Reevaluating Israel’s military priorities: Balancing might and morality

A more lethal IDF is not just a strategic necessity; it is a safeguard for Israel’s future.

By Gregg Roman, Middle East Forum

Israel is increasingly under fire for the conduct of its military in Gaza. However, the only thing it is doing wrong is being less lethal than it should be.

President Biden issued a directive to cut off military aid to countries violating international civilian protection. While it does not specify Israel, the implication that Israel’s war in Gaza triggered it is evident.

The president also called Israel’s response to Hamas’s October 7 attack “over the top.”

Sen. Chris Van Hollen (D-Md.) proposed an amendment similar to the Biden directive, and accused Israel of committing a “textbook war crime” in Gaza.

J Street typically supported Van Hollen’s amendment.

Its president, Jeremy Ben-Ami, said, “J Street for years called for greater oversight and accountability over arms and materiel provided by the United States to other countries, including Israel. American assistance – even to our closest allies – must not be provided in the form of a blank check.”

The apparent implication – delivered with self-satisfied condescension – is that Israel is guilty of committing war crimes.

This assertion is outrageous. Israel has made a concerted effort to protect civilians in Gaza, often at its own cost.

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Israel provides early warnings to Palestinian Arabs in the forms of texts, phone calls, and roof-knocking (when small munitions are dropped on roofs as a warning to evacuate) and pauses its operations four hours daily.

The IDF provides military maps to civilians to alert them where the military will be operating and drops leaflets to warn Gazans to evacuate.

John Spencer, the chair of urban warfare studies at the Modern War Institute at West Point, writes that these practices and their widespread use are unprecedented in warfare.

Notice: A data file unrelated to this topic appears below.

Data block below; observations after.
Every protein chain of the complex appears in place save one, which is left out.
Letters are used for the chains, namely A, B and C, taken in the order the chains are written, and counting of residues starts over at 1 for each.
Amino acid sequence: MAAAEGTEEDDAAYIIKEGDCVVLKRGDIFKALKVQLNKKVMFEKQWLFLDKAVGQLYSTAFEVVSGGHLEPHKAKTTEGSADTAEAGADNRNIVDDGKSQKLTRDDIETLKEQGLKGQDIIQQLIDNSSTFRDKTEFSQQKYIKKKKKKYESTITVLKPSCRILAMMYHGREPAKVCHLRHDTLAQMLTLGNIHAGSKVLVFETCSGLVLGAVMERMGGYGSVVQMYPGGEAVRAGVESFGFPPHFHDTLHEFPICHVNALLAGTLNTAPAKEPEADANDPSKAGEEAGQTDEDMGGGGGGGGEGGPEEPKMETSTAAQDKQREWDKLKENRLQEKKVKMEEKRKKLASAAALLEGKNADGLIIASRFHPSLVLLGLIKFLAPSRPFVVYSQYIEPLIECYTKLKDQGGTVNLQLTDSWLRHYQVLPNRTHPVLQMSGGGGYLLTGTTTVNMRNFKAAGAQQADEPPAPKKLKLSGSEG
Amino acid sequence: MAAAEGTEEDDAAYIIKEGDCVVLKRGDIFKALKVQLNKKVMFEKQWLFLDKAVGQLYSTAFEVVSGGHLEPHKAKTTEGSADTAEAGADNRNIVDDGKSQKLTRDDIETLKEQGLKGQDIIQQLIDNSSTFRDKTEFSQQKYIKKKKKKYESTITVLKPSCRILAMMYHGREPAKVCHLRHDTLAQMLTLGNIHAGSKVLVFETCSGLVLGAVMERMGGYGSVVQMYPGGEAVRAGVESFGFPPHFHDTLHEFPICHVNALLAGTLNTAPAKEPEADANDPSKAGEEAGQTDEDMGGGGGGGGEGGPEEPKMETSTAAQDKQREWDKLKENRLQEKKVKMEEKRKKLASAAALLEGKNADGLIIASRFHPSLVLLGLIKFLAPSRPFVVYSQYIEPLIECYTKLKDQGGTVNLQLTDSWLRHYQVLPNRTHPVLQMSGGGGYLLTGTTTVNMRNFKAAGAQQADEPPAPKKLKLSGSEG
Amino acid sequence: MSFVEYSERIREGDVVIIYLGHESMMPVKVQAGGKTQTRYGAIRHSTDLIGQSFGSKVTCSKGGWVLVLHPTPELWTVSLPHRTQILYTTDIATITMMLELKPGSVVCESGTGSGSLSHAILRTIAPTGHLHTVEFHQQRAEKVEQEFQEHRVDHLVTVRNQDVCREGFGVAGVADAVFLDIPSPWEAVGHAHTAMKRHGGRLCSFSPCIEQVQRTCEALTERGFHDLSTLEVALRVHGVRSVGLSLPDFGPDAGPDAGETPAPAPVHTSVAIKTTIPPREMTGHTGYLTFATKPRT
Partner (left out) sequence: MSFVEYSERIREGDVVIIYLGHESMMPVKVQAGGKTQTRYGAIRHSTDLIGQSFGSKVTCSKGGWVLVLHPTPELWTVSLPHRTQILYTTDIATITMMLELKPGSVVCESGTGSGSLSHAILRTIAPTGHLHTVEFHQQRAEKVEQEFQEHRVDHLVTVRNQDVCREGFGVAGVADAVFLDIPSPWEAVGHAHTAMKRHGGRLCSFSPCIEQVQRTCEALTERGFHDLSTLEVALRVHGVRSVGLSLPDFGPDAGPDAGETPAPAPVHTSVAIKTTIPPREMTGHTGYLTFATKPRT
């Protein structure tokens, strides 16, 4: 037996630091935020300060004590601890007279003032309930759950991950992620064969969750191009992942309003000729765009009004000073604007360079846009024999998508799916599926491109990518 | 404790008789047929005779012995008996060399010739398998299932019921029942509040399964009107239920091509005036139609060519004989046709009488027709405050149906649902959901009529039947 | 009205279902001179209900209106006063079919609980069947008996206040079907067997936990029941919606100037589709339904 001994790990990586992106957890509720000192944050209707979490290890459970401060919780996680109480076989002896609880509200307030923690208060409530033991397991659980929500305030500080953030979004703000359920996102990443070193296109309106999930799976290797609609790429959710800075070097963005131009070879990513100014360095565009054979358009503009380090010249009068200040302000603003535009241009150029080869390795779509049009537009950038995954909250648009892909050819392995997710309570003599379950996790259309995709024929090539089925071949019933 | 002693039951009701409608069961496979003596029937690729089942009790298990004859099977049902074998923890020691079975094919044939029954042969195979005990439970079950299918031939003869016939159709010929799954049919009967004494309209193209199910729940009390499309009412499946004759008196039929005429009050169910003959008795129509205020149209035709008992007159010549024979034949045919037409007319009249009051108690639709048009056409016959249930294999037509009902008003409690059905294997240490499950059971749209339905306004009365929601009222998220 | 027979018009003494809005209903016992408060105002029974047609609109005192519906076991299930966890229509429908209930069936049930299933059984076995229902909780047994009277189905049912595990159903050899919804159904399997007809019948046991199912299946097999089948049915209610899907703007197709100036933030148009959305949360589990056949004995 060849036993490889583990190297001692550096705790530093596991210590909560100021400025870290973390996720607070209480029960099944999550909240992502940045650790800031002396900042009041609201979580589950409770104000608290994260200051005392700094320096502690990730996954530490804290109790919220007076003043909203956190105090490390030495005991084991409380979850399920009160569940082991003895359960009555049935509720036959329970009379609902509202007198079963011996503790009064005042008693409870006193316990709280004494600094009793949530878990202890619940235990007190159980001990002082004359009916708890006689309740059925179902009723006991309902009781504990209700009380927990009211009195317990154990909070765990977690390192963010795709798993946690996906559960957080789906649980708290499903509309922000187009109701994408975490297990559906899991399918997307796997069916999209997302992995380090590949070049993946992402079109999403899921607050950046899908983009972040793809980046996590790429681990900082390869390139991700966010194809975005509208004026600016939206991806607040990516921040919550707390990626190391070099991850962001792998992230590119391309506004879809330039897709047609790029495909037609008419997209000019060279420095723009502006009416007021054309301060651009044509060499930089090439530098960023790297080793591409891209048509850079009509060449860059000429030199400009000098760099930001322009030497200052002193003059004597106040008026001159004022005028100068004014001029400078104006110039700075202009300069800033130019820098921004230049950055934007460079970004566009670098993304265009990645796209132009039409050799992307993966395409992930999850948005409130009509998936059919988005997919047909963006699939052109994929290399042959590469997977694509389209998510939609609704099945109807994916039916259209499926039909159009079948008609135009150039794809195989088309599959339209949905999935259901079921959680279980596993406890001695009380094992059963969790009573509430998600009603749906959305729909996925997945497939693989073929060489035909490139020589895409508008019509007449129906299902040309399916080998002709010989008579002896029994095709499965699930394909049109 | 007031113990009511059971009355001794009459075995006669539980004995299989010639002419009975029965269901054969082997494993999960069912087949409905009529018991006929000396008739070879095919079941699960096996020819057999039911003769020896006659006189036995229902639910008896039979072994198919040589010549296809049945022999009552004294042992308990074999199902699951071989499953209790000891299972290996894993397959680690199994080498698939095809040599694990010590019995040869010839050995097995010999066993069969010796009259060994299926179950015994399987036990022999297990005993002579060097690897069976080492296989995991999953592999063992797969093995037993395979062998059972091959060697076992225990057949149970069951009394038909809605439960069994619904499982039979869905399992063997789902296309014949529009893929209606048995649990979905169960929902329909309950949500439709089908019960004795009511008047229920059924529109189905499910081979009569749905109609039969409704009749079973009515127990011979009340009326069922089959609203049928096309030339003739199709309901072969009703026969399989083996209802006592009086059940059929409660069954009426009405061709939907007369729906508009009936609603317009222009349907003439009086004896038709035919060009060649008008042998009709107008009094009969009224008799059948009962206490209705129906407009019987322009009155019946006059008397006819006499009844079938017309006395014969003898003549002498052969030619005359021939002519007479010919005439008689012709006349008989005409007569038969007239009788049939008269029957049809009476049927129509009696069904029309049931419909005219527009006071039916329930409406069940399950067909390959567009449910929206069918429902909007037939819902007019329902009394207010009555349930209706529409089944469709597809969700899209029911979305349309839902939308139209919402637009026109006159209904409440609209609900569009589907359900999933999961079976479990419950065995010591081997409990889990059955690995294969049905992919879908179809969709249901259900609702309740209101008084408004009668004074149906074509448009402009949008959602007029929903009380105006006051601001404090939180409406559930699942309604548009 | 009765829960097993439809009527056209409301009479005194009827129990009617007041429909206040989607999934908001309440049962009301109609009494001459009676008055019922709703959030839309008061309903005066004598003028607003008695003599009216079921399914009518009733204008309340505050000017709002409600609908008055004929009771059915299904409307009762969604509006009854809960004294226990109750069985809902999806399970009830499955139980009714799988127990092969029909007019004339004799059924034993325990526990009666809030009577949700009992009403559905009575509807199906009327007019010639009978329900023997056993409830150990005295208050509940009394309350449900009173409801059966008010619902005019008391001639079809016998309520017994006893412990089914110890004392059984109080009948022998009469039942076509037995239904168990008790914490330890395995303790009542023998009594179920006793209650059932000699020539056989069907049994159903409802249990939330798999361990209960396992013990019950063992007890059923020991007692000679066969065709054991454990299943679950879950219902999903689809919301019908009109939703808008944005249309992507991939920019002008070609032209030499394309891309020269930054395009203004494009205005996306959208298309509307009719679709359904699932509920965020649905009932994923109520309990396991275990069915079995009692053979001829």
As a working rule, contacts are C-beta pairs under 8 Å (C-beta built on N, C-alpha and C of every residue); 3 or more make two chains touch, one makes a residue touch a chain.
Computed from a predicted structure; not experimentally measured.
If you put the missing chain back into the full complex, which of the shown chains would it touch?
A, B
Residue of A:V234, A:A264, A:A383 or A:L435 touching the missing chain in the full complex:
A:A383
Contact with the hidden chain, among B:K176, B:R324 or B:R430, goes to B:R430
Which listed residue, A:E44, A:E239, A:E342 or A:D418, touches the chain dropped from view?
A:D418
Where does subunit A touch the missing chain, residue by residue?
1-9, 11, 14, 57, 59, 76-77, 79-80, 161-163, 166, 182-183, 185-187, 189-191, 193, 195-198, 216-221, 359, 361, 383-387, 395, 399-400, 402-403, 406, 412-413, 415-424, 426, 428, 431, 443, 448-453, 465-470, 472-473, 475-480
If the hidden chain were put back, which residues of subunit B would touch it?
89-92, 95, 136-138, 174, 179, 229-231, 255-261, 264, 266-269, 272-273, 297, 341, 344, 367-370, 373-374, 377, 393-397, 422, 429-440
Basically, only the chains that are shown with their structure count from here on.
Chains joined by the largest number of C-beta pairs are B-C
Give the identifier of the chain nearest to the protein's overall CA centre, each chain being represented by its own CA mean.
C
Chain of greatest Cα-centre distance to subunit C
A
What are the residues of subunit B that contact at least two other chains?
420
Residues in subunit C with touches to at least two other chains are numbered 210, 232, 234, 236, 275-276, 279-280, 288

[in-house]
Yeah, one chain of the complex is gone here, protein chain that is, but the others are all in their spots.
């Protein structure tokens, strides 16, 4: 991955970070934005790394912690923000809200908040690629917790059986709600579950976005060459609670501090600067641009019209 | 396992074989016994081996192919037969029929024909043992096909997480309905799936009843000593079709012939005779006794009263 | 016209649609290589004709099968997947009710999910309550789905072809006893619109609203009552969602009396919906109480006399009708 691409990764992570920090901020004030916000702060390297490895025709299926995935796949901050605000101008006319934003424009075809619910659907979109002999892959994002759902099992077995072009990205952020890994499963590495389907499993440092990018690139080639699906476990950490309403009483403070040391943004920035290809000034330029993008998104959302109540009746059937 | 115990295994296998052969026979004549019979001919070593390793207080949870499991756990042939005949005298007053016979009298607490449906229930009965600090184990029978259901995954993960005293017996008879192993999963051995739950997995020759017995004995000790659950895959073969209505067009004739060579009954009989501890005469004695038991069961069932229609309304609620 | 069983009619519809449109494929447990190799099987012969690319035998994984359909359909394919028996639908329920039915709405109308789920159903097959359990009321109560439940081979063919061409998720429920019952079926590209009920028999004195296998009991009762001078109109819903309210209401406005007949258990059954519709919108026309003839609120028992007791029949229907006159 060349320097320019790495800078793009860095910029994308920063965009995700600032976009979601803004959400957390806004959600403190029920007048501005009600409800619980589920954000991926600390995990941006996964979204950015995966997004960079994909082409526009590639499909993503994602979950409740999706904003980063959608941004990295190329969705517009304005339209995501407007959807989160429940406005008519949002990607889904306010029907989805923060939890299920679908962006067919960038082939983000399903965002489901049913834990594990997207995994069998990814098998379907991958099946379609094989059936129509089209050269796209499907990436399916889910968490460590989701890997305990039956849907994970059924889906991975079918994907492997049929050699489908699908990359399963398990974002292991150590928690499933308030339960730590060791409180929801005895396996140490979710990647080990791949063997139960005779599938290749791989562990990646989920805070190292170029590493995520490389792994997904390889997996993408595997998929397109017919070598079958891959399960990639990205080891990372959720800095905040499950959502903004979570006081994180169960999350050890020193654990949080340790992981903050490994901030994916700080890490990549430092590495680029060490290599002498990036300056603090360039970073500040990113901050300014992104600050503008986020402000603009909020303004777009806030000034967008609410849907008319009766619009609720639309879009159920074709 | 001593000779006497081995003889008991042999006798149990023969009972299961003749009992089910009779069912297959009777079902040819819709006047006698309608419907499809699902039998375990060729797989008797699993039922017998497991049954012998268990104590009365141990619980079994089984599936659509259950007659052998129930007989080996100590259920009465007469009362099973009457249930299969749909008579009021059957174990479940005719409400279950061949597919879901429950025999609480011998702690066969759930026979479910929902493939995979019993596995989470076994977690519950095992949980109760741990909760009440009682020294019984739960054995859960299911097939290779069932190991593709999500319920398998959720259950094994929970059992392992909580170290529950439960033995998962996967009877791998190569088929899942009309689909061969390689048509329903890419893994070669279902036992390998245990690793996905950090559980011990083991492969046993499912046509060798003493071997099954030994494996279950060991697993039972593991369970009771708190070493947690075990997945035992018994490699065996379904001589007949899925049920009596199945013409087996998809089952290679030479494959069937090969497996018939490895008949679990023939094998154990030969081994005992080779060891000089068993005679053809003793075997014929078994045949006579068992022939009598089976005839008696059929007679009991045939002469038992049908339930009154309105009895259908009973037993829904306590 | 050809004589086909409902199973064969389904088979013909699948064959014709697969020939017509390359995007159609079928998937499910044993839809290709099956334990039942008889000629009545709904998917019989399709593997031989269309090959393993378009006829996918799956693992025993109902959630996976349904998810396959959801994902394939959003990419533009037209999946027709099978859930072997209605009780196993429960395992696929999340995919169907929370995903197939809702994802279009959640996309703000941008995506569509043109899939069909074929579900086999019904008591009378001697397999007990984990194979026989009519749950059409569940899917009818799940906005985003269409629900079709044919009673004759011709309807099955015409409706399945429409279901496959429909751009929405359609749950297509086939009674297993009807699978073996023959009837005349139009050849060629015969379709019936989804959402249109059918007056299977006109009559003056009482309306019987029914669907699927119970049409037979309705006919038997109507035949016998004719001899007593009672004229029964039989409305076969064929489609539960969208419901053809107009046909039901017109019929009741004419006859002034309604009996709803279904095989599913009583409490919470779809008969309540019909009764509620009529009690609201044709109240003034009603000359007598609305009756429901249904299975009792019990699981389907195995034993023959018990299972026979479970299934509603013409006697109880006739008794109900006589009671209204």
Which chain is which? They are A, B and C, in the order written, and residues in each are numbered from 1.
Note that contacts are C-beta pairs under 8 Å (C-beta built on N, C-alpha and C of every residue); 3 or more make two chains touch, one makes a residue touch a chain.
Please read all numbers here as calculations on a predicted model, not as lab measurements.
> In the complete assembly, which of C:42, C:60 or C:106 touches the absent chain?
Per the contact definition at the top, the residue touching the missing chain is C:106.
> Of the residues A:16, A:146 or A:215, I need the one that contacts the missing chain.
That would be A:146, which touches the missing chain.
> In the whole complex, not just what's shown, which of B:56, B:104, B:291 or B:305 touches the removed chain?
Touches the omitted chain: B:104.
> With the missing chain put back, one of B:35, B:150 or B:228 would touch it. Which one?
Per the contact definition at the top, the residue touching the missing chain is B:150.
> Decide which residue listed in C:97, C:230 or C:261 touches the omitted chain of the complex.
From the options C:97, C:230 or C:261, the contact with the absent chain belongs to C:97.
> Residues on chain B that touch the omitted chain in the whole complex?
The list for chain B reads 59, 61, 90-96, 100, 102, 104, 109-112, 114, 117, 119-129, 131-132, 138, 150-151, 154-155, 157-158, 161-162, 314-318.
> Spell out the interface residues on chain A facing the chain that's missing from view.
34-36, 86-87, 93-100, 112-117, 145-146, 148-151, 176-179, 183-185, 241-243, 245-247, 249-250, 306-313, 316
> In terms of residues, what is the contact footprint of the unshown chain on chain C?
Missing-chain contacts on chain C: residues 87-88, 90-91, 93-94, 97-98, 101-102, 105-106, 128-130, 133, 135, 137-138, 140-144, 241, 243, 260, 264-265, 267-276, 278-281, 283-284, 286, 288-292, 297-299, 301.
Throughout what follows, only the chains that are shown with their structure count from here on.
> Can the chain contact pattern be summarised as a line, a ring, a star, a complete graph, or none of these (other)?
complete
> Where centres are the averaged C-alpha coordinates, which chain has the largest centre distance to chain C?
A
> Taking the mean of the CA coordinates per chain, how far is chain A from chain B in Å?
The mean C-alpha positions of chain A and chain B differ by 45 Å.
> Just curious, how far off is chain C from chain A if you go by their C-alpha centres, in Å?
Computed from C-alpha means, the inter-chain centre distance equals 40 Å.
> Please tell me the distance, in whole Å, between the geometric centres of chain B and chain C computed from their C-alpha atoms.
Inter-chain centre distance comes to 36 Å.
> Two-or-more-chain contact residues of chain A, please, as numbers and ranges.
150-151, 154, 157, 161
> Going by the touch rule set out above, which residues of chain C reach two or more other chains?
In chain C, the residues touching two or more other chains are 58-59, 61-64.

Spencer opines, “Israel has taken more measures to avoid needless civilian harm than virtually any other nation that’s fought an urban war.”

While American military operations in Syria, Iraq, and Afghanistan, and NATO operations in Serbia, had a civilian-to-combatant ratio of four-to-one, the comparable ratio in Gaza is nearly one-to-one.

In what Gen. David Petraeus and historian Andrew Roberts categorize as the most challenging military environment since at least 1945, and in what Spencer calls a war “simply without precedent” in its complexity, the IDF has waged a war of unprecedented morality.

So, the accusations of Israel’s conduct being “over the top” can safely be discarded as absurd.

The IDF does too much in providing this kind of advance warning. It puts the lives of Israeli soldiers at risk and considerably slows down its campaign.

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While admirable, it goes beyond what is necessary to protect innocent civilians. Moreover, it certainly wins no plaudits from the center-left, let alone the “Free Palestine” crowd.

Israel will never impress the bien pensants of the West, no matter how humanely it acts.

Those rarified circles yawned at Israeli concessions of the 1990s and 2000 in the disputed territories and Lebanon, at the Gaza withdrawal (insisting Gaza was still occupied), and at the multiple times Israel has made efforts at peace. And they yawn now.

To this sort of person, Israel is always, forever, and inherently in the wrong, despite this or that historical detail.

The Palestinian Arabs, on the other hand, are always, forever, and inherently, in the right, eternal innocents.

In the face of escalating regional tensions and security challenges, Israel must recalibrate its military strategy to prioritize lethal efficiency over the pursuit of moral superiority.

This shift is essential for deterring potential aggressors and ensuring a swift and decisive victory in any conflict.

While moral and ethical considerations have their place, they must not impede the operational capabilities of the IDF.

The harsh reality of the geopolitical landscape surrounding Israel necessitates a military doctrine that emphasizes overwhelming force and strategic dominance, ensuring that any threat can be neutralized with precision and decisiveness.

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Consequently, Israel should invest in advanced weaponry, intelligence capabilities, and cyber warfare to enhance its offensive and defensive operations.

Strengthening the IDF’s lethal capacity is a pragmatic approach in a region where threats are multifaceted and evolving.

By focusing on lethality, Israel can maintain a posture of deterrence, safeguarding its borders and citizens.

This does not mean abandoning ethical considerations but rather integrating them in a manner that does not compromise the military’s primary goal: the security and survival of the state.

In this context, a more lethal IDF is not just a strategic necessity; it is a safeguard for Israel’s future.

Israel must and does adhere to international law and the law of armed conflict. It should not answer or prove itself to anyone.

It is a moral country, and its military is the most moral army in the world.

In its drive to destroy Hamas, it must become the world’s most lethal army as well.